Climate change emerging as a top issue for 2020 Dems

  • FILE - In this May 18, 2019, file photo, Democratic presidential candidate, former Vice President Joe Biden speaks during a campaign rally at Eakins Oval in Philadelphia. (AP Photo/Matt Rourke, File) Matt Rourke

Monitor staff
Published: 6/9/2019 6:00:17 PM

Joe Biden promised a climate change revolution, and many voters think it’s about time.

Climate change is quickly becoming a defining issue in the race for the 2020 Democratic nomination. And that means a candidate has to work hard for their policies to stand out in a crowded field.

Waiting in line for Biden’s Concord town hall on Tuesday, Madison Britting, a pre-med student wearing a blue “Climate Strong” shirt, scrolled through the climate change plan Biden had released hours earlier. She had heard that the plan described as moderate before its release. She didn’t like that.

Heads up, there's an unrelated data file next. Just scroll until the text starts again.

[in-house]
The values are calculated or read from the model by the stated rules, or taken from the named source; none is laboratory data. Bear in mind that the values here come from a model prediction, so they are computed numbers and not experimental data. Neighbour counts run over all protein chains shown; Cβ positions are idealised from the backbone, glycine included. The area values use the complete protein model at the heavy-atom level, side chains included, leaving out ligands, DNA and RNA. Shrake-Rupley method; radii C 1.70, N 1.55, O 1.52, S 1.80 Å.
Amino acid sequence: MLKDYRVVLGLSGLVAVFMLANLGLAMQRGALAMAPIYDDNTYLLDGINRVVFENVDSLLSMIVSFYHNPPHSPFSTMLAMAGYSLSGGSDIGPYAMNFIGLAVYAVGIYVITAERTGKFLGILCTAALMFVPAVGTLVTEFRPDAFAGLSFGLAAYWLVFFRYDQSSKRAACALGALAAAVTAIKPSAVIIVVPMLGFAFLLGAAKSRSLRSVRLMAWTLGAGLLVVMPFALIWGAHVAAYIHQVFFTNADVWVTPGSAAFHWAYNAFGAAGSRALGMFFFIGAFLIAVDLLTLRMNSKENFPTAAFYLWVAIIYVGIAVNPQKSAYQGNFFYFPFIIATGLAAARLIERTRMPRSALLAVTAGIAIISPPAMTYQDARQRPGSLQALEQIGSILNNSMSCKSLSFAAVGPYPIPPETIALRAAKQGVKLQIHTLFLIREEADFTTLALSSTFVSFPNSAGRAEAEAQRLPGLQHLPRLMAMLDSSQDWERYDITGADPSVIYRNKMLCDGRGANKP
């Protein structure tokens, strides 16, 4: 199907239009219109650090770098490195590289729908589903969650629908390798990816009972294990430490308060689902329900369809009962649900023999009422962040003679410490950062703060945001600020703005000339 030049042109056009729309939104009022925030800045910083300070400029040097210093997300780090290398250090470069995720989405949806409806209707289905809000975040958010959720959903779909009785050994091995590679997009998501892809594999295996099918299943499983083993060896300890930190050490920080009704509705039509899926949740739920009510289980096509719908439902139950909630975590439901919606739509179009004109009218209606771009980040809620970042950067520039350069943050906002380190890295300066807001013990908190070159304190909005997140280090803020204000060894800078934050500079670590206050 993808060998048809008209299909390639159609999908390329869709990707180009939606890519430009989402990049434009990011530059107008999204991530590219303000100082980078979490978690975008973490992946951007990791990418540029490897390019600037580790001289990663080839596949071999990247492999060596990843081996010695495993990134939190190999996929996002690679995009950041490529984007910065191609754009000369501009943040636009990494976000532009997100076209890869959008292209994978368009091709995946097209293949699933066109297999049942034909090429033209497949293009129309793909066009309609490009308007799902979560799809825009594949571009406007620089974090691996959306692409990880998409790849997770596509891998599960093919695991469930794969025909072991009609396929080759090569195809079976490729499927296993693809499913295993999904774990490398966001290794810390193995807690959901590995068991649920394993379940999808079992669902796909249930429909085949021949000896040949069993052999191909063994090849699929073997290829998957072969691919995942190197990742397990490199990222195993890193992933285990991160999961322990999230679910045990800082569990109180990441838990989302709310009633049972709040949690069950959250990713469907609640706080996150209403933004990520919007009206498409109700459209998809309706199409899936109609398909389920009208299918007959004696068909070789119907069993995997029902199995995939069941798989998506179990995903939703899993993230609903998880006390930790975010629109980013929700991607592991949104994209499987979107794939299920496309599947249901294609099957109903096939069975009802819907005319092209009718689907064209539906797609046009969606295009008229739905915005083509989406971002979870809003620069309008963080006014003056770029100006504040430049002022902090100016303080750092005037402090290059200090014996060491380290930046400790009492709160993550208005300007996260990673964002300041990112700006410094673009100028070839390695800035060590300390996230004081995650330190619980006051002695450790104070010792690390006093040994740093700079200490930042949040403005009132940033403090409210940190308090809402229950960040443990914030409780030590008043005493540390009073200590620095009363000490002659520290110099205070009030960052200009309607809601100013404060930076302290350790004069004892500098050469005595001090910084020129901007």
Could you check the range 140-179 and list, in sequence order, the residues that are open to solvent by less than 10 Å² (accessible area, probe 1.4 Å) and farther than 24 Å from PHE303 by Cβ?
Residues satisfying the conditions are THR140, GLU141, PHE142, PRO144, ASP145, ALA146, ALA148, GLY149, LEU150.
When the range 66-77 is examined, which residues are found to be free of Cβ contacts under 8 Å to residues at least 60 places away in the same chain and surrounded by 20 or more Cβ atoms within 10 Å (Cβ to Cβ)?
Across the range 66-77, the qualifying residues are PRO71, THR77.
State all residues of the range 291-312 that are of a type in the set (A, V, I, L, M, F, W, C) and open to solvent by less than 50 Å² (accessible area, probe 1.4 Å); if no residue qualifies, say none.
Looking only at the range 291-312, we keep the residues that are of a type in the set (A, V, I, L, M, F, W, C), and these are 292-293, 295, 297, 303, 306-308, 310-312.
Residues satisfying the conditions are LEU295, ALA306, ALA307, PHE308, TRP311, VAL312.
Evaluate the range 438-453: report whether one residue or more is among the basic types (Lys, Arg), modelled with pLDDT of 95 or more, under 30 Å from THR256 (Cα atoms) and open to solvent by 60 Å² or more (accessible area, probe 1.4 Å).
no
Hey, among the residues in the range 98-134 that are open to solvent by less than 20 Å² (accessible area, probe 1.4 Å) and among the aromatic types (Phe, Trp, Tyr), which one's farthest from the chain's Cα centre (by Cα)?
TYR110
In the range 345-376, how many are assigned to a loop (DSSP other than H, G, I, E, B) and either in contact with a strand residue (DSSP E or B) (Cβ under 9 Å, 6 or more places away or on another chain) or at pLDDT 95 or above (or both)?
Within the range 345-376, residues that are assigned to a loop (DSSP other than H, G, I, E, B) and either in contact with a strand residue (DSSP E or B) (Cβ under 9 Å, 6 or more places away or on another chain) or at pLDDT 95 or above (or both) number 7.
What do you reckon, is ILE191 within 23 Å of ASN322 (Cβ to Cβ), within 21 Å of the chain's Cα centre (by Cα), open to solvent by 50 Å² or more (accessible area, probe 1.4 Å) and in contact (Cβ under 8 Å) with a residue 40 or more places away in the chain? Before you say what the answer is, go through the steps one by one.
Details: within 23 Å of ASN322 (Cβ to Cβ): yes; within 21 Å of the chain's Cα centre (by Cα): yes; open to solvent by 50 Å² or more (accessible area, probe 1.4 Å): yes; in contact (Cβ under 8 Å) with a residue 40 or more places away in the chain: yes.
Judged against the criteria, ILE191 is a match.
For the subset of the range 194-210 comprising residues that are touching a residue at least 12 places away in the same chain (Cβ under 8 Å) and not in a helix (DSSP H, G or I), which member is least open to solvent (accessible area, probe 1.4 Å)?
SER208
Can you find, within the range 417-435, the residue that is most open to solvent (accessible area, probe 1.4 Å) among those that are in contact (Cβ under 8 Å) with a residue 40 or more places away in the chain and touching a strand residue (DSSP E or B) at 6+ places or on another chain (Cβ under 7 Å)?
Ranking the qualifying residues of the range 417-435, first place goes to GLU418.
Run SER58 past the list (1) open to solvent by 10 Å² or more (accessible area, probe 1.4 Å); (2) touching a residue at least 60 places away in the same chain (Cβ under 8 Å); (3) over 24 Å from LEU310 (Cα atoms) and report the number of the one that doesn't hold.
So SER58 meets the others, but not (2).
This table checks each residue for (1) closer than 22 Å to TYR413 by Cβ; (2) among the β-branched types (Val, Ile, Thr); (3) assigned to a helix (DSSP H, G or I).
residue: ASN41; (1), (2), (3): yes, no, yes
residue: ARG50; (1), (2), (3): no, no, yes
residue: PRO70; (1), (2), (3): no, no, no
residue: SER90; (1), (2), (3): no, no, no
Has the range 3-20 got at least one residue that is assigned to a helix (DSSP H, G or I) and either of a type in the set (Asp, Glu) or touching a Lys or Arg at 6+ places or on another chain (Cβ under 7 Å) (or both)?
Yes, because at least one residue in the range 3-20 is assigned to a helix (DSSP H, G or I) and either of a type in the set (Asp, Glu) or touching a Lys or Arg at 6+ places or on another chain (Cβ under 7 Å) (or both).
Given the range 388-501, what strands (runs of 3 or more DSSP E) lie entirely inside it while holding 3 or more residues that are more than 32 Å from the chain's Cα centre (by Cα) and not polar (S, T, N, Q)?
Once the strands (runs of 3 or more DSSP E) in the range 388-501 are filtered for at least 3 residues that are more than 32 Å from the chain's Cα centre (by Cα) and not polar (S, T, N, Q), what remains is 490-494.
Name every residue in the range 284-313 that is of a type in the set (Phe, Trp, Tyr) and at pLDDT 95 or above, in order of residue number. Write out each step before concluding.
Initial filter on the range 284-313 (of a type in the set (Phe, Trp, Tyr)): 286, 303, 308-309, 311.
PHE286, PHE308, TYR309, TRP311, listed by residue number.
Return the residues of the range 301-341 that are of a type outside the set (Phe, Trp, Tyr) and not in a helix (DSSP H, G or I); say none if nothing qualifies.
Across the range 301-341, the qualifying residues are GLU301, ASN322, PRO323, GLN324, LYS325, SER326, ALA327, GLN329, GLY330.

“I kept hearing that ‘middle ground, middle ground,’” said Britting. “We’re really in trouble. I think it’s more than a middle ground issue.”

Biden’s plan, which he calls a “clean energy revolution,” has since been labeled a “mini Green New Deal” and even a “gift for Trump.” The barrage of policies, totaling $1.7 trillion in federal spending in order to achieve net-zero emissions by 2050, is the sixth comprehensive climate plan released by a Democratic presidential candidate. Jay Inslee, Beto O’Rourke, John Delaney, Michael Bennet and Elizabeth Warren have all released their own plans.

An April Gallup poll showed that most Americans, particularly in the Northeast, worry about global warming a “great deal or fair amount.” They believe it is serious and has already begun. A late April CNN poll showed 82 percent of Democrats believe “taking aggressive action to slow the effects of climate change” is “very important.”

A recent Harvard poll showed likely voters between 18 and 29 chose “Environment/Global Warming” as the issue that concerned them most.

At his Concord event, Biden shared his own worries.

“Climate change poses a genuinely existential threat to the environment – but not only to the environment – to our health, to our communities, to our national security, to our economic wellbeing,” said Biden.